The discrimination of abrupt changes in speed and direction of visual motion

Lora Likova's picture Written by Lora Likova On the 0 Comments
TitleThe discrimination of abrupt changes in speed and direction of visual motion
Publication TypeJournal Article
Year of Publication2000
AuthorsMateeff, S, Dimitrov, G, Genova, B, Likova, LT, Stefanova, M, Hohnsbein, J
JournalVision research
Volume40
Pagination409–415
KeywordsDiscrimination of direction changes, Discrimination of speed changes, Motion perception, Vision
Abstract

A random dot pattern that moved within an invisible aperture was used to present two motions contiguously in time. The

motions differed slightly either in speed (Experiments 1 and 3) or in direction (Experiments 2 and 4) and the subject had to

discriminate the sign of the change (e.g. increment or decrement). The same discrimination task was performed when the two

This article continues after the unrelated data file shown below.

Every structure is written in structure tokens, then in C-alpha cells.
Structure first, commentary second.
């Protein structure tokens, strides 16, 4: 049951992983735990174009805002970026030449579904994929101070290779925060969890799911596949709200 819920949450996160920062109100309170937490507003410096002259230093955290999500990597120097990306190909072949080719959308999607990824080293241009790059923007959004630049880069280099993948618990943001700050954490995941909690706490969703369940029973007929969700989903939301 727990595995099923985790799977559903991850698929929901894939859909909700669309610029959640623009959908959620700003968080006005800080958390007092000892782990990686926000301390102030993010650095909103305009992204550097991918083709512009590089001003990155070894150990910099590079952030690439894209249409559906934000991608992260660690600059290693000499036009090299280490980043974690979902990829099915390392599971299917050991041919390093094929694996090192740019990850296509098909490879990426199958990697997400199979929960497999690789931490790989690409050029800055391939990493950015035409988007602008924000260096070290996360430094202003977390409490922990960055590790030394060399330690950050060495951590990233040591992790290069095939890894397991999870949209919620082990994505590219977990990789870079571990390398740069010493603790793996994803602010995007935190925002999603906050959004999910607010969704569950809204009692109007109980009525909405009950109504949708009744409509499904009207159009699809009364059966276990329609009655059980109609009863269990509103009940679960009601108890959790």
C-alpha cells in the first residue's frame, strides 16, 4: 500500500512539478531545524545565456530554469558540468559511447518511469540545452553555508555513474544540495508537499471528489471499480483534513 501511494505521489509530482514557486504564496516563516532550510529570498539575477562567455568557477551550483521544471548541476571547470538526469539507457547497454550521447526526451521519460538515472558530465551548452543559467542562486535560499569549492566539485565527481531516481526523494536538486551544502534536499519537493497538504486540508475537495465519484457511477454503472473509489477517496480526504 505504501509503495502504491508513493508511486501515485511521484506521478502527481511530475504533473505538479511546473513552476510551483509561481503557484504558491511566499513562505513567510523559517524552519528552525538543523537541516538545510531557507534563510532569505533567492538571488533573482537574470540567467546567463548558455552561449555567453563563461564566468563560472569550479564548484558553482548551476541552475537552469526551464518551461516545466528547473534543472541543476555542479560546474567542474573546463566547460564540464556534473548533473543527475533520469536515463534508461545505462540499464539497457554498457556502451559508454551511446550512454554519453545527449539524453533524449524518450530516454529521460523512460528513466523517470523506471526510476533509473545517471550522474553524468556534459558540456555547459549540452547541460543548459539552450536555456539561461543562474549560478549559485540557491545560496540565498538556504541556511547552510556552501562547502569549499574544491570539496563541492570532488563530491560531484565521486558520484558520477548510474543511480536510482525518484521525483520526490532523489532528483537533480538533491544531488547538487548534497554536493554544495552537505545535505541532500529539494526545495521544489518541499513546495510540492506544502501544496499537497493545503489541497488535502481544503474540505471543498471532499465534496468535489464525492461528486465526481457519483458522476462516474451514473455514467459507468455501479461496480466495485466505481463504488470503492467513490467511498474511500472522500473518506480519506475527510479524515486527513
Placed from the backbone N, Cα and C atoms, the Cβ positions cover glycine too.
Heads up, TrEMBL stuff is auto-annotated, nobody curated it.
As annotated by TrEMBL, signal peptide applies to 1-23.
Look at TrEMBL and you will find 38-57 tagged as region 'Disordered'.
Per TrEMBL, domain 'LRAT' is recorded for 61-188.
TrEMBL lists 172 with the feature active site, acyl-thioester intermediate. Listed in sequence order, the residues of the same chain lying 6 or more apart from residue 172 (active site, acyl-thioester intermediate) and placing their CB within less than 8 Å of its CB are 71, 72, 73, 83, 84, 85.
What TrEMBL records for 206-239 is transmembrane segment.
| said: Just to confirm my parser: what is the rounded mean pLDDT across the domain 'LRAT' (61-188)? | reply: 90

motions were temporally separated by 1 s. In Experiments 1 and 2 discrimination thresholds were measured with motion durations

of 0.125, 0.25, 0.5 and 1.0 s and mean speeds of 2, 4, 8, and 16°:s. In Experiments 3 and 4 thresholds were measured with aperture

widths of 5 and 20 cm. The discrimination of contiguous motions progressively deteriorated with decreasing duration and mean

speed of motion. For the lowest value of duration the Weber fraction for contiguous speeds was more than three times as the

Weber fractions for separate speeds. For the same low value of duration the thresholds for discrimination of direction of

contiguous motions were only about 50% higher than the thresholds for separate motions. The Weber fraction for contiguous

speeds was ca. three times higher with the smaller aperture than with the larger one, provided the ratio ‘aperture width:mean

speed’ (i.e. the lifetime of the moving dots) was less than 0.3 s. Aperture width did not affect the discrimination of direction of

contiguous motions. The discrimination of contiguous motions is discussed together with the known data for detection of changes

in speed and direction. It is suggested that both, detection of changes in speed and discrimination of the sign of speed changes,

may be performed by a common visual mechanism.

DOI10.1016/S0042-6989(99)00185-6

Related Centers, Labs, Projects